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Sources:

Understanding Ancient Civilizations Jane R. McIntosh - The ancient Indus Valley new perspectives -
A population history of India - From the First Modern People to the Present Day by Tim Dyson -
A History of Ancient and Early Medieval India From the Stone Age to the 12th Century by Upinder Singh -
India’s Ancient Past by R.S. Sharma -
An Environmental History of India From Earliest Times to the Twenty-First Century by Fisher, Michael H -
The Lost River On the trail of Saraswati by Michel Danino -
The Indus Civilization by Irfan Habib -
The Cambridge history of India Suppl. vol. The Indus Civilization by Mortimer Wheeler
Climate change and the course of global history a rough journey by John L Brooke -
The Indus Civilization: A Contemporary Perspective by Gregory L. Possehl -
Allchin, Bridget, and Raymond Allchin The Rise of Civilization in India and Pakistan -
Bellwood, Peter First Farmers: The Origins of Agricultural Societies -















Belcher, William R. 1997. “Ancient Harappa in 3-D.”
Kenoyer, Jonathan Mark. 1996. “Around the Indus in 90 Slides.”

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Mohenjo Daro 101 | National Geographic

Mohenjo Daro, built at the time of the pyramids and centuries before the Roman Baths, was the largest city of the Indus Civilization. Learn facts about this ancient city, including engineering feats like the Great Bath.
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Indus Valley Civilization Facts - History of Ancient India | Educational Videos by Mocomi

presents: Ancient Civilizations - The Indus Valley Civilization

One of the earliest urban civilizations in India and in fact, in the world, was the Indus Valley Civilization, also called the Harappan Culture.

About 5000 years ago, a group of nomads traveling from Sumeria (present-day Iran) entered North Western India, near present day Karachi. These nomads found a land so richly fertile by the banks of the river Indus that they settled there without hesitation. This area was abundant with water, fodder and fuel.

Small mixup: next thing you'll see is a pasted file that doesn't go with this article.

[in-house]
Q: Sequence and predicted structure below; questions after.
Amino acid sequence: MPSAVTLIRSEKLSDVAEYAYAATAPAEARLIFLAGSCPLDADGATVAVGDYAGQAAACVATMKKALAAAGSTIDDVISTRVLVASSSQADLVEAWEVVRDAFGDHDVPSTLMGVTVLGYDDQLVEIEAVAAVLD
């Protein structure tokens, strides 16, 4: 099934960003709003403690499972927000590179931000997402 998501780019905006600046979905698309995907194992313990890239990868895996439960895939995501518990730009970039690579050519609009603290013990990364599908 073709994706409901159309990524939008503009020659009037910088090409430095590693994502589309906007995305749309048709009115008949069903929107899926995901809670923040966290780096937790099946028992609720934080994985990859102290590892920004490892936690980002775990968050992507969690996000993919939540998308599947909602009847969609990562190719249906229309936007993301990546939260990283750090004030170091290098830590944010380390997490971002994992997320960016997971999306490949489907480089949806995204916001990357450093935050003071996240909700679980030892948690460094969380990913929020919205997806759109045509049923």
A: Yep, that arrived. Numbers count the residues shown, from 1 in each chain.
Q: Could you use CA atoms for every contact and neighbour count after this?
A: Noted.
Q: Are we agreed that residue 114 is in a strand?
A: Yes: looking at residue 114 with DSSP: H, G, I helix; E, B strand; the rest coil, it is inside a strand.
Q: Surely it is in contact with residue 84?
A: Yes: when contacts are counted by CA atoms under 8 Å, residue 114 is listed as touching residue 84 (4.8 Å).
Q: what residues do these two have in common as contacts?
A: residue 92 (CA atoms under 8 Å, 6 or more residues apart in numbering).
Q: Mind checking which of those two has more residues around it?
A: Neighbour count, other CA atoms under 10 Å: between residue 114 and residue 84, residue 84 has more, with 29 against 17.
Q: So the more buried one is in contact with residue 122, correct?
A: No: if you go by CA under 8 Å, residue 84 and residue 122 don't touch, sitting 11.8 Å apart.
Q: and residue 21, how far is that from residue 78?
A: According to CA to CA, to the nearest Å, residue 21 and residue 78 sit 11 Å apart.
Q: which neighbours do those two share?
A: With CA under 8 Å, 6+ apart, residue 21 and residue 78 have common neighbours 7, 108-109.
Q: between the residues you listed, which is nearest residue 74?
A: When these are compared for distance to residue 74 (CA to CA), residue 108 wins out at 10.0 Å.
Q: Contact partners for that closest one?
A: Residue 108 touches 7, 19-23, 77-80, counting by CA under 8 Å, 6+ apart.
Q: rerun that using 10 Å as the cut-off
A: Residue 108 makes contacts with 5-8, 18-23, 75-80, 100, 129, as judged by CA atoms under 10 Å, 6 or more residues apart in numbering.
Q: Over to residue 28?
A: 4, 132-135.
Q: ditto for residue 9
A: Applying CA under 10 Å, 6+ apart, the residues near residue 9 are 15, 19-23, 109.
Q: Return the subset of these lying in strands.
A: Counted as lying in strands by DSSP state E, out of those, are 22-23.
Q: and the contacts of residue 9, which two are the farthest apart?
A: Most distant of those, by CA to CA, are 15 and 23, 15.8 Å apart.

Over the next thousand years, the immigrants spread over an area of half a million square miles. Excavations prove that the level of urban planning and architecture prevalent here was incomparable. The anchor for this civilization lay in the beautiful twin cities of Mohenjo-Daro and Harappa.

The name Mohenjo-Daro means ‘Mound of the Dead’ in Sindhi. The city was built around 2600 BC and abandoned around 1700 BC. Evidence suggests that the city was highly prone to floods.

Watch this video to learn about this civilization and its way of life.

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Harappan (Indus Valley) Civilization | Harappa and Mohenjo Daro Excavations - Ancient Indian History

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This 3D documentary is about Harappan civilization (also known as The Indus Valley Civilization ) which has its earliest roots in cultures. The two greatest cities, Mohenjo-daro and Harappa, emerged circa 2600 BCE along the Indus River valley in Punjab and Sindh.[5] The civilization, with a writing system, urban centers, and diversified social and economic system, was rediscovered in the 1920s.

Archaeologists know that people in the in the Harappan civilization use cloth because they have found pieces of cloth attached to the lid of a silver vase. They have also found spindle whorls, made of terracotta and faience. They were used to spin thread.

Harappan Civilization- In The Earliest Cities (Class VI (6th), NCERT, CBSE) History. Also for (Class VI, IX [ICSE]-XII).